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As I stand here having just flown my new Aeroworks 60cc Freestyle Extra 260 QB-L I am way impressed with how light and agile it flies. there is no reason a plane this big should tumble this way but i t does.
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(Mike Basmajian photo)

Aeroworks 60cc Freestyle Extra 260 QB-L

Big, beautiful and a bunch of fun to fly

Text, photos and video by Tom Hintz

Flight video by Clark Ponthier

Posted - 9-9-2014

When I began looking for a giant scale project Aeroworks planes came highly recommended by a few local flyers including one who specified the Aeroworks 60cc Freestyle Extra 260 QB-L (QB-L = Quick Build-Light Series) which put it at the top of my list. I have no illusions of me being a full-on 3D pilot but I do enjoy my 1-1/2D flying style/capabilities that include throwing a plane around in the sky on a more limited (say safer) level. The Aeroworks 60cc Freestyle Extra 260 QB-L seemed to meet all of my needs with lots of capability left over.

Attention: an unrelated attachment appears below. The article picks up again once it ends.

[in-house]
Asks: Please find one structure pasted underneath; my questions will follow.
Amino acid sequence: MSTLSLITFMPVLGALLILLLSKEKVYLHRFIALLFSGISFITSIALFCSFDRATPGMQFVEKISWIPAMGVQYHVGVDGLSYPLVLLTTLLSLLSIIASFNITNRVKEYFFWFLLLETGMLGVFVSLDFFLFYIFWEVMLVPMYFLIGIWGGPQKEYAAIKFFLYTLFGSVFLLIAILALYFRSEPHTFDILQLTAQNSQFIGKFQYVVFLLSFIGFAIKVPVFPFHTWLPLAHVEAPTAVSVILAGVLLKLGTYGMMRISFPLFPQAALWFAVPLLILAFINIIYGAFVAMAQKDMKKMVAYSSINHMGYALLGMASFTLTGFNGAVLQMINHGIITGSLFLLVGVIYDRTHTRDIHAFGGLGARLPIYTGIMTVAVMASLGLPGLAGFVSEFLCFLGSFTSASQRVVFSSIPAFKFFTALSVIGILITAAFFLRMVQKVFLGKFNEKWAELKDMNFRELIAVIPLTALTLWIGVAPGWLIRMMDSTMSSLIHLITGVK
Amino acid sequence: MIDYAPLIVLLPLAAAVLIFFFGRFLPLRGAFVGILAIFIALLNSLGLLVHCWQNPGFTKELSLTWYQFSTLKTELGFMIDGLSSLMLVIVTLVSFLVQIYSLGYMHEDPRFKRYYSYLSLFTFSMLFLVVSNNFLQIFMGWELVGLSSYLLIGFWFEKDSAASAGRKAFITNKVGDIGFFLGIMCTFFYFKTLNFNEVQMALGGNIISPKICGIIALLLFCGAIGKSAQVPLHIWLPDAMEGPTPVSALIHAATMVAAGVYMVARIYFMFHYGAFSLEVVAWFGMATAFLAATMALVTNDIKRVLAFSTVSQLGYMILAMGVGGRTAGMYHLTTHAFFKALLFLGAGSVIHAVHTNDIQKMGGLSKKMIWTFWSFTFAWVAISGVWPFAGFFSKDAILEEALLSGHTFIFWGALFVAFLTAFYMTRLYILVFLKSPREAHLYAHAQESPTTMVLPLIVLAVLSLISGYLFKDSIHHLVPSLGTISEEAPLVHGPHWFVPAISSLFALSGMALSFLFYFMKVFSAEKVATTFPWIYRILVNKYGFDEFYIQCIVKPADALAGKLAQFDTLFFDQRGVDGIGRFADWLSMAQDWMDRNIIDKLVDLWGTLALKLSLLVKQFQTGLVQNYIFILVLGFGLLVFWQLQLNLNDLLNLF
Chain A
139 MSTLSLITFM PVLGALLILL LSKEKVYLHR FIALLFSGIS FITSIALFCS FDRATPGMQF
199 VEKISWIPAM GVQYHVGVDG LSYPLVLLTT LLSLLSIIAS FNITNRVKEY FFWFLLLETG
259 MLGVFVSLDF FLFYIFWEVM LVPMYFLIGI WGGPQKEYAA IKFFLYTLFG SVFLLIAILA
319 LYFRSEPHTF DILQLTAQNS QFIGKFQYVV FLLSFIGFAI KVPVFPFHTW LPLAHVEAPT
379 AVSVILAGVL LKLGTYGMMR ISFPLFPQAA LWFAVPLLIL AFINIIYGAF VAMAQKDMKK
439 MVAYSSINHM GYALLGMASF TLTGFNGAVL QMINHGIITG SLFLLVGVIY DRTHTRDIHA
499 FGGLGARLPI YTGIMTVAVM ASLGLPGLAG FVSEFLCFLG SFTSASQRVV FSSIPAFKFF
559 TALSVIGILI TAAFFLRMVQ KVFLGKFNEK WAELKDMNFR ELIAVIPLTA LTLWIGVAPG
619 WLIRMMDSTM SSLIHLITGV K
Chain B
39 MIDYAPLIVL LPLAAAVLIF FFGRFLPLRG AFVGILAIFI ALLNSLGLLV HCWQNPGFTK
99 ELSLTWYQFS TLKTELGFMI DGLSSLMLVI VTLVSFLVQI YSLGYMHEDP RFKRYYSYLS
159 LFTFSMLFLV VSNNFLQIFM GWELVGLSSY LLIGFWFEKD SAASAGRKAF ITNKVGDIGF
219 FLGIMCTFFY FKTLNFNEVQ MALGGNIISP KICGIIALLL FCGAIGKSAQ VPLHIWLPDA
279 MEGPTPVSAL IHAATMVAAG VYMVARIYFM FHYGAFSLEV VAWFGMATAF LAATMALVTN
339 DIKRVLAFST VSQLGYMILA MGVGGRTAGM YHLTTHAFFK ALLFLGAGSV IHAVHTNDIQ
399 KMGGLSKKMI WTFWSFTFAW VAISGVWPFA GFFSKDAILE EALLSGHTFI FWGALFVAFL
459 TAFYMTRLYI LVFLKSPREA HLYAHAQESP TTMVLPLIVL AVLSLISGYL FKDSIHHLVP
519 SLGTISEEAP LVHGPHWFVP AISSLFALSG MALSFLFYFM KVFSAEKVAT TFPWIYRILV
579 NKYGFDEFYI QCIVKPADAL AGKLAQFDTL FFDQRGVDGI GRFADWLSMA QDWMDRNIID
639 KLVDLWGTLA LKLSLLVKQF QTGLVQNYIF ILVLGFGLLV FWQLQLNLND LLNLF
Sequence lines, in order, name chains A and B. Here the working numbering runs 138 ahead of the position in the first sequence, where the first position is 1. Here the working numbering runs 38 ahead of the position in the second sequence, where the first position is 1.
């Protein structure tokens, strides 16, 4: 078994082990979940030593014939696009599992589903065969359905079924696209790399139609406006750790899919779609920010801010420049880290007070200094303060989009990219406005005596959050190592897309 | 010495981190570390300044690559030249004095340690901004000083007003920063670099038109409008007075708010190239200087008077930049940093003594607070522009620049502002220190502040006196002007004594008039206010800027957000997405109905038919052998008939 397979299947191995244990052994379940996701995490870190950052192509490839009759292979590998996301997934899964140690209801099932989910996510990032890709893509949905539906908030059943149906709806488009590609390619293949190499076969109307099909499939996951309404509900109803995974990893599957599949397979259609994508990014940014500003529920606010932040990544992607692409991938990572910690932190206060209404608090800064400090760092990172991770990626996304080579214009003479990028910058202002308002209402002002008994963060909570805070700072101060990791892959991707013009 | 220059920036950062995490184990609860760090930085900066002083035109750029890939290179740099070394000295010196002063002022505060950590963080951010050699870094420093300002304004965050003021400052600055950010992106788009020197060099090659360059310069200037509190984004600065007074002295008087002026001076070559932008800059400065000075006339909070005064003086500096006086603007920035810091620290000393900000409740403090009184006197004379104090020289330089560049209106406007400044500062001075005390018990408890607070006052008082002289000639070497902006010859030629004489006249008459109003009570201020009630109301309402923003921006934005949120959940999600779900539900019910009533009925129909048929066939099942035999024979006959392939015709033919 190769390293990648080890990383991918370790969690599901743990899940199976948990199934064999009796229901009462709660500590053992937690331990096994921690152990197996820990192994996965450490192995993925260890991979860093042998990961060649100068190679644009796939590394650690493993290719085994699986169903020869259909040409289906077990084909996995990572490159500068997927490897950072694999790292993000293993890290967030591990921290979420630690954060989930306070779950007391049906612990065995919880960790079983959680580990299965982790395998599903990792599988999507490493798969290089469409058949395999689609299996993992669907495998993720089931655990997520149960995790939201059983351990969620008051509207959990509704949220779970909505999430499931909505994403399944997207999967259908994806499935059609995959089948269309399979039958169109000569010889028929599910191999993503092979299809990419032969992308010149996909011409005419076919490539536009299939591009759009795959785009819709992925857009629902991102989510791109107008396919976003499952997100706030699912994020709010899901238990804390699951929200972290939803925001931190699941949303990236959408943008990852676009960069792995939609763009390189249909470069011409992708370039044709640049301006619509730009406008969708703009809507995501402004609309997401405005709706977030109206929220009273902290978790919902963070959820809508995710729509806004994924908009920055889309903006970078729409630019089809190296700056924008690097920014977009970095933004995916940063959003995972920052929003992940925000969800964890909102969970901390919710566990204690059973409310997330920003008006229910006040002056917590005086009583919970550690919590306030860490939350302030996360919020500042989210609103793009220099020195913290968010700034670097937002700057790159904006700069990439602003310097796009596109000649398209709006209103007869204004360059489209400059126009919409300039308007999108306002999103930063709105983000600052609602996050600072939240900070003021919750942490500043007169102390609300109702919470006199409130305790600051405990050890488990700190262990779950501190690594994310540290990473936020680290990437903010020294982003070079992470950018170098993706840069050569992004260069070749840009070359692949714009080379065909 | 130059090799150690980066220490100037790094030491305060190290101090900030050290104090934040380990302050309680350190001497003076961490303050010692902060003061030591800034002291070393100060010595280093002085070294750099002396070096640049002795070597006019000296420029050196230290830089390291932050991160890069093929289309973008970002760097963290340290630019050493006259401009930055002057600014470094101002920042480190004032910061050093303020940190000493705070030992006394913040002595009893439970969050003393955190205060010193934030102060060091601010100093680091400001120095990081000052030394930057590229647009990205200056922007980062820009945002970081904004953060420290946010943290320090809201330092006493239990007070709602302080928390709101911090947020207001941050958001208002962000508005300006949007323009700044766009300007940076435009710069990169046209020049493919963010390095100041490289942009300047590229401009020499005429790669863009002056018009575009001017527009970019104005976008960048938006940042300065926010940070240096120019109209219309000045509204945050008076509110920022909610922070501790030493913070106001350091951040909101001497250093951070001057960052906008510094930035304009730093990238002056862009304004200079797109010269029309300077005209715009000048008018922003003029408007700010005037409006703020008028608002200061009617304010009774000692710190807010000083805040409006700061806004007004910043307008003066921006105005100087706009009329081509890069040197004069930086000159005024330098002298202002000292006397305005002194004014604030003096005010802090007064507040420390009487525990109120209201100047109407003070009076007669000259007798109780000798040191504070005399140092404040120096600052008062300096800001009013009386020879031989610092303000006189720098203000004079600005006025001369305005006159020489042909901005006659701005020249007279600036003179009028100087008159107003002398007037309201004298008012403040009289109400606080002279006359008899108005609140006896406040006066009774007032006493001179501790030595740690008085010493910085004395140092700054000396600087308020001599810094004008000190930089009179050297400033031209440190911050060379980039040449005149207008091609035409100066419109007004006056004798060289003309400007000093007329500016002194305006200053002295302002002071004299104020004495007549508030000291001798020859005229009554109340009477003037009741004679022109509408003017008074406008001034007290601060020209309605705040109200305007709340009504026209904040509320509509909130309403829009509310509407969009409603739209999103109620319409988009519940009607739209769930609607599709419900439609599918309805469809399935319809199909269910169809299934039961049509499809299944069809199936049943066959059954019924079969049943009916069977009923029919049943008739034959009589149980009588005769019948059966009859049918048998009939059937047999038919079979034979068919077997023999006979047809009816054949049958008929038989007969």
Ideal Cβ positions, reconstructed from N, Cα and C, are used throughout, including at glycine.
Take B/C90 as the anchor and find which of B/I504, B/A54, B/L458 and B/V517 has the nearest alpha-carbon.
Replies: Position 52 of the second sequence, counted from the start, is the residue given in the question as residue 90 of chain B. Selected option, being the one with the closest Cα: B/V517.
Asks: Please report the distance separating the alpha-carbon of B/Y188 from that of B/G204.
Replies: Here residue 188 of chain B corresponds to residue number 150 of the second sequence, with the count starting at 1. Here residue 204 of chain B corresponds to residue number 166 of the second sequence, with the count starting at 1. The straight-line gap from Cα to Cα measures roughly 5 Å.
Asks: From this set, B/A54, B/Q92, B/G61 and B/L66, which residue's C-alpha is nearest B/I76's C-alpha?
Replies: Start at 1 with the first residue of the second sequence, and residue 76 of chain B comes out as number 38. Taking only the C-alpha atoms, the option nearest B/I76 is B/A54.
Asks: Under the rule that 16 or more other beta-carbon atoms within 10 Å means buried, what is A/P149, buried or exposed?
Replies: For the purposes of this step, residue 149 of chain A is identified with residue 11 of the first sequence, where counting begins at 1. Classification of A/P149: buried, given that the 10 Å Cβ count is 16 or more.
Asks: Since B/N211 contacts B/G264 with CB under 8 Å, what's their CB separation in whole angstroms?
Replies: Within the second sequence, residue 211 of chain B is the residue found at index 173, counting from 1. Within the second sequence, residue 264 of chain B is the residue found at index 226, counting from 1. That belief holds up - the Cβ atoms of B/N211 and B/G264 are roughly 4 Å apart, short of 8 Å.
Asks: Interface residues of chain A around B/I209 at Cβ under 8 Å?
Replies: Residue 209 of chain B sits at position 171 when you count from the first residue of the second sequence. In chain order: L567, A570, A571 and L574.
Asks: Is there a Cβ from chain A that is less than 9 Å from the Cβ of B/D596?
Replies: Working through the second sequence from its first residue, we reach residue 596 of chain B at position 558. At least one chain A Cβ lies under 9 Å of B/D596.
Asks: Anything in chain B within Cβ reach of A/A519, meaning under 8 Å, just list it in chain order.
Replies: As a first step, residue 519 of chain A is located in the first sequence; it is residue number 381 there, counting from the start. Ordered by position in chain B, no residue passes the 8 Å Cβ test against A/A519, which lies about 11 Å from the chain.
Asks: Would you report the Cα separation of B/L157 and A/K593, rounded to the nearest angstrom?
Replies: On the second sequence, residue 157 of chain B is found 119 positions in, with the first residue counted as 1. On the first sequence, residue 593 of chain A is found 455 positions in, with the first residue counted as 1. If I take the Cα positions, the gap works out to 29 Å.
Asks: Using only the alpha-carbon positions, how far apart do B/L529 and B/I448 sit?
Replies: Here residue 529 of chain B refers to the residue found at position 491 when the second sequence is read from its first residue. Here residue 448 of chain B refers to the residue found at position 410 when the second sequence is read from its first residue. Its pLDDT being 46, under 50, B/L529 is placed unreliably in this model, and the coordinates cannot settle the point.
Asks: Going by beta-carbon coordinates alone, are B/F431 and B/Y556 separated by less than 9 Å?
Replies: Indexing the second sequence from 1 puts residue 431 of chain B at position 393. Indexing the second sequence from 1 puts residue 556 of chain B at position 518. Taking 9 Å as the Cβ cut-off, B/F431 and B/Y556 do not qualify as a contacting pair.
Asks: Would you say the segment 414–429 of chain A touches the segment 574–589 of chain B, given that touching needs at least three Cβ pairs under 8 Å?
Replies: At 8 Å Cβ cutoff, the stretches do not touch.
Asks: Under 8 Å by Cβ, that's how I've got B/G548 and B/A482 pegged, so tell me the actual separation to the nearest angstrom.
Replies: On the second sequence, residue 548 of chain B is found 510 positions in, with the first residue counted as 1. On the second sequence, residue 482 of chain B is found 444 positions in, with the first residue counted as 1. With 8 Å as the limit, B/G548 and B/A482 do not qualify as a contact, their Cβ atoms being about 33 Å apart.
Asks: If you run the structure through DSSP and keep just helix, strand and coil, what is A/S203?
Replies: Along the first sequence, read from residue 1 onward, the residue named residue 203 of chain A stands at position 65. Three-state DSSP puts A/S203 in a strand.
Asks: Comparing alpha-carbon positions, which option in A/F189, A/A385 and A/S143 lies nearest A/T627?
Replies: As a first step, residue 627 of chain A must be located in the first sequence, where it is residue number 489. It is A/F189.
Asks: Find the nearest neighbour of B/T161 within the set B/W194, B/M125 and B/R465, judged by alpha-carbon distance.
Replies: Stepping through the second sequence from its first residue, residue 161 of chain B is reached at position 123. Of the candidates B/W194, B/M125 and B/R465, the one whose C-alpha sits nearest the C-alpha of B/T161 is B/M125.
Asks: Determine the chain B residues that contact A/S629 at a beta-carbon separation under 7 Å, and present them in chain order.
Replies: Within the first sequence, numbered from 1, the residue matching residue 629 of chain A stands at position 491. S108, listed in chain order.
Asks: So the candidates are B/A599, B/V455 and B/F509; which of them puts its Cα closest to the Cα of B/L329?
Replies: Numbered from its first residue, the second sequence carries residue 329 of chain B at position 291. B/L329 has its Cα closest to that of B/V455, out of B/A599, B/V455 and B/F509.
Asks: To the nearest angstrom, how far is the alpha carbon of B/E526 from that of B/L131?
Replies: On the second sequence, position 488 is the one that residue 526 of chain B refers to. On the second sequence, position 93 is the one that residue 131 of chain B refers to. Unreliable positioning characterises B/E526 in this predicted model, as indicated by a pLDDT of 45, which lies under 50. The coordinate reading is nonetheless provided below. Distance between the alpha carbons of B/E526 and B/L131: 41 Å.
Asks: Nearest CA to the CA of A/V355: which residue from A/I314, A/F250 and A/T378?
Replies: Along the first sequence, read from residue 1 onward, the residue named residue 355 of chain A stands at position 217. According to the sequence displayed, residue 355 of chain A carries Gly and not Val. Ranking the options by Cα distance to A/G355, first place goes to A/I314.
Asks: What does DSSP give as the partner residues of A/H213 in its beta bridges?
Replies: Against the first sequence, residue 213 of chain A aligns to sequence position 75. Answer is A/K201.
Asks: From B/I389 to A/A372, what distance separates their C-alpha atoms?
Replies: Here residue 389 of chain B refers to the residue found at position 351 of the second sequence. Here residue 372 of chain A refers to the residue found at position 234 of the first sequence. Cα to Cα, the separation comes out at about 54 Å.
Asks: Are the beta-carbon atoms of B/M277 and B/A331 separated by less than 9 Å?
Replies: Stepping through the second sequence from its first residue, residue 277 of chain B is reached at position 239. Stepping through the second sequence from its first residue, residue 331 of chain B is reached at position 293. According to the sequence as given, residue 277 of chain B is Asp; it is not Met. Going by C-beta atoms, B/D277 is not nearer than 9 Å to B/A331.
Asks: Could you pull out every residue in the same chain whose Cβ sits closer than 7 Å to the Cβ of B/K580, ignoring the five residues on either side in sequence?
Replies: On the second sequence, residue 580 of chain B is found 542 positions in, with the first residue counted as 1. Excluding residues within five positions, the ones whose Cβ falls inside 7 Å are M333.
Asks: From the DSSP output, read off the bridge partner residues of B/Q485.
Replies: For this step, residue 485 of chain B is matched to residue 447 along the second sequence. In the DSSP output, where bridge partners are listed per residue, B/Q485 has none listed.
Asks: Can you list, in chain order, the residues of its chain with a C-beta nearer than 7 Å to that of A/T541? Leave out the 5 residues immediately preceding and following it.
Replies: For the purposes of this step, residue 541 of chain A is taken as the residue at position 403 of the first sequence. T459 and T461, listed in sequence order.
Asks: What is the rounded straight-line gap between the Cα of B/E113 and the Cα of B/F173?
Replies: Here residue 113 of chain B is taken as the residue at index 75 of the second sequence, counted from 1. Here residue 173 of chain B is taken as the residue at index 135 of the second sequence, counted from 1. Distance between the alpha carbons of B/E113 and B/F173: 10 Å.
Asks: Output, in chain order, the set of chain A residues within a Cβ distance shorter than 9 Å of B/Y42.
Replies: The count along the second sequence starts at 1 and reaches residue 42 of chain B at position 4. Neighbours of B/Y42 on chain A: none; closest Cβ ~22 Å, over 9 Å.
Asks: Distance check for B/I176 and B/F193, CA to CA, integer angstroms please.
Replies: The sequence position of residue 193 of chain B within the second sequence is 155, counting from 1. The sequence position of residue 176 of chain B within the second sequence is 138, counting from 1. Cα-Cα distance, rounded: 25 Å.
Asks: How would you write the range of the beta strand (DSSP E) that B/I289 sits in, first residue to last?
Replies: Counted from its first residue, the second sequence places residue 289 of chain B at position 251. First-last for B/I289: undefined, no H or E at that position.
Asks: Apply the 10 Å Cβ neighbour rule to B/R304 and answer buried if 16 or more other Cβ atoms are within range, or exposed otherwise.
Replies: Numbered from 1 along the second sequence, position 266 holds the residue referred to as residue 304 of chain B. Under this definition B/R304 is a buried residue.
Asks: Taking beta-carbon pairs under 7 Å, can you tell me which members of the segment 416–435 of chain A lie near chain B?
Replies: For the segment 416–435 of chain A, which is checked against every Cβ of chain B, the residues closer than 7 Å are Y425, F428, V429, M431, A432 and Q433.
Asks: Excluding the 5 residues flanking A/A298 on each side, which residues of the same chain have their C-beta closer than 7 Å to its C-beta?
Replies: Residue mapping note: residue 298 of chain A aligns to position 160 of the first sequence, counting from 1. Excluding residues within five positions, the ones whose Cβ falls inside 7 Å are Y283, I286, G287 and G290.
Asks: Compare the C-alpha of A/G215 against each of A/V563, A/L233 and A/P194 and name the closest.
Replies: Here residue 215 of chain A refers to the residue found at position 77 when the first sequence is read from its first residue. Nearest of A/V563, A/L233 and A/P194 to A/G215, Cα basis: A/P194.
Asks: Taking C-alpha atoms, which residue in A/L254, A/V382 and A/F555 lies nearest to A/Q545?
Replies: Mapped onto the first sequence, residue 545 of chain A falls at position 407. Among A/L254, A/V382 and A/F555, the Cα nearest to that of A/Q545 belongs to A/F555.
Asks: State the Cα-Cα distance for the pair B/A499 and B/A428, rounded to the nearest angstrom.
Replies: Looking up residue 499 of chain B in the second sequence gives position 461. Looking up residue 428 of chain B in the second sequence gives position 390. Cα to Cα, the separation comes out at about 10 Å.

The Aeroworks 60cc Freestyle Extra 260 QB-L in this review also cost a bit less than I thought because it was on sale. Plus, Aeroworks says they held the price down a bit by leaving some things out of the kit that a lot of builders did not use. Things like the fuel tank, filler dot, throw meter and Velcro straps were left out to let us use what we wanted. I was suspicious, as I always am when a company explains a lower price but in this case I have to agree with Aeroworks intentions. The one point I was not totally behind was leaving the SFG’s (side force generators) out of the kit. I think they are a part of what makes the Aeroworks 60cc Freestyle Extra 260 QB-L what it is but I can see others liking a cleaner look. We will all survive and the Aeroworks 60cc Freestyle Extra 260 QB-L remains a very cool airplane with a more than reasonable price tag.